Supreme Court Determined to Kill Affirmative Action
George E. Curry | 4/3/2013, 4:37 p.m.
According to the NAACP Legal Defense and Educational Fund, the percentage of Black students enrolled at the University of Michigan had dropped from 6.7 percent in 2006 to 4.5 percent in 2010 as a result of Proposal 2.
The permissible use of affirmative action was thought to be decided for good in 2003. In Gratz v. Bollinger, the court ruled that the University of Michigan's undergraduate admissions program violated the Equal Protection Clause of the 14th Amendment when it assigned 20 points to minority applicants.
But in Grutter v. Bollinger, the court ruled that when narrowly tailored, race can be lawfully used in combination with other factors as part of the University of Michigan Law School admissions process. In her written opinion, Justice Sandra Day O'Connor cited benefits of "obtaining the educational benefits that flow from a diverse student body."
O'Connor, who has since retired from the court, said she did not envision affirmative action in place forever. In fact, she suggested 25 years, without giving a reason why it would not be needed beyond that point.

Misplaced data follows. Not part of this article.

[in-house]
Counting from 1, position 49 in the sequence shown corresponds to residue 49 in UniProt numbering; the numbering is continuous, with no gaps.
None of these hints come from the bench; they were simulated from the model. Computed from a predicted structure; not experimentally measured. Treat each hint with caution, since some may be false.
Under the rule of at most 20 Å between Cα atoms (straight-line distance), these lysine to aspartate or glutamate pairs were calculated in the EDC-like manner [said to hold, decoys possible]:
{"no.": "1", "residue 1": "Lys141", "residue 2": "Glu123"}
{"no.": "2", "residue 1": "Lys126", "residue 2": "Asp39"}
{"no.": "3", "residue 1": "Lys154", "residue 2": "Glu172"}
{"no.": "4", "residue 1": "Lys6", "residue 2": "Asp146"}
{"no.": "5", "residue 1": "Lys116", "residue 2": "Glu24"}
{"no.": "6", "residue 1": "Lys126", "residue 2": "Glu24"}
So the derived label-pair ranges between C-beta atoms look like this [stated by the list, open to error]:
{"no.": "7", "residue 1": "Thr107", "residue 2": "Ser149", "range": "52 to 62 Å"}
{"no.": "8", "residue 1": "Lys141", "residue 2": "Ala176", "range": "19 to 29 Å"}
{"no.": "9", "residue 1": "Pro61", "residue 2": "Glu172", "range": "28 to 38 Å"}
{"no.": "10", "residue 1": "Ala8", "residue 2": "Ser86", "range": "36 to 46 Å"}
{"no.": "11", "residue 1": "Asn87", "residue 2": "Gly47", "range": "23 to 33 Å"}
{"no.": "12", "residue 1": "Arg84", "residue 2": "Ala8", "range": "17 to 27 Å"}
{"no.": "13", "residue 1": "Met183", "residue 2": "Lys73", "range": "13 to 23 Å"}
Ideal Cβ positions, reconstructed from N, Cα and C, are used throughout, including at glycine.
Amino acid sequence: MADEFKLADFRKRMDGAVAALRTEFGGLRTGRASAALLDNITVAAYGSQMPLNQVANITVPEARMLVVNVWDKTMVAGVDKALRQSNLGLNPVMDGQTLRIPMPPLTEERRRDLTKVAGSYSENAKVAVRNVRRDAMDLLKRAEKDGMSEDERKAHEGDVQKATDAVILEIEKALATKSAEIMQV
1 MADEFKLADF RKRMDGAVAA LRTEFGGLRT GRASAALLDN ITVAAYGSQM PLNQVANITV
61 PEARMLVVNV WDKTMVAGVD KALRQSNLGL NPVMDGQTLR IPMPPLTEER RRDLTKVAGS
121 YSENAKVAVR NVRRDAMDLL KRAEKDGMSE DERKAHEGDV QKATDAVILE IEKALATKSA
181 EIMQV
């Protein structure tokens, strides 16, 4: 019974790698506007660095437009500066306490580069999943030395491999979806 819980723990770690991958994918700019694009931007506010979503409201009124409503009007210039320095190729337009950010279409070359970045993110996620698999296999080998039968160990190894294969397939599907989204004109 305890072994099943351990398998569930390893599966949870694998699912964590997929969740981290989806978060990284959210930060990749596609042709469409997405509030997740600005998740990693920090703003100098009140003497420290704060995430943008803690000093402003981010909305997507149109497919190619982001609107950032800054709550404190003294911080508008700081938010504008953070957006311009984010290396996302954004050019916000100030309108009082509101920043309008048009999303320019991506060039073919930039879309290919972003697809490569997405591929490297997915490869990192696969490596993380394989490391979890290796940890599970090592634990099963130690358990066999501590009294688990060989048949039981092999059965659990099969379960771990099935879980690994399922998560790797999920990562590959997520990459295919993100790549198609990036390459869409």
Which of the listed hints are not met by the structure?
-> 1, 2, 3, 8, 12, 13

Now, just 10 years later - and despite this nation's horrible history on race - the conservative majority on the court seem unwilling to leave affirmative action in place for another 15 years.
As Justice Stephen G. Breyer, a supporter of affirmative action, said last October: "Grutter said it would be good law for at least 25 years, and I know that time flies, but I think only nine of those years have passed."
George E. Curry, former editor-in-chief of Emerge magazine, is editor-in-chief of the National Newspaper Publishers Association News Service (NNPA.) He is a keynote speaker, moderator, and media coach. Curry can be reached through his Web site, www.georgecurry.com. You can also follow him at www.twitter.com/currygeorge.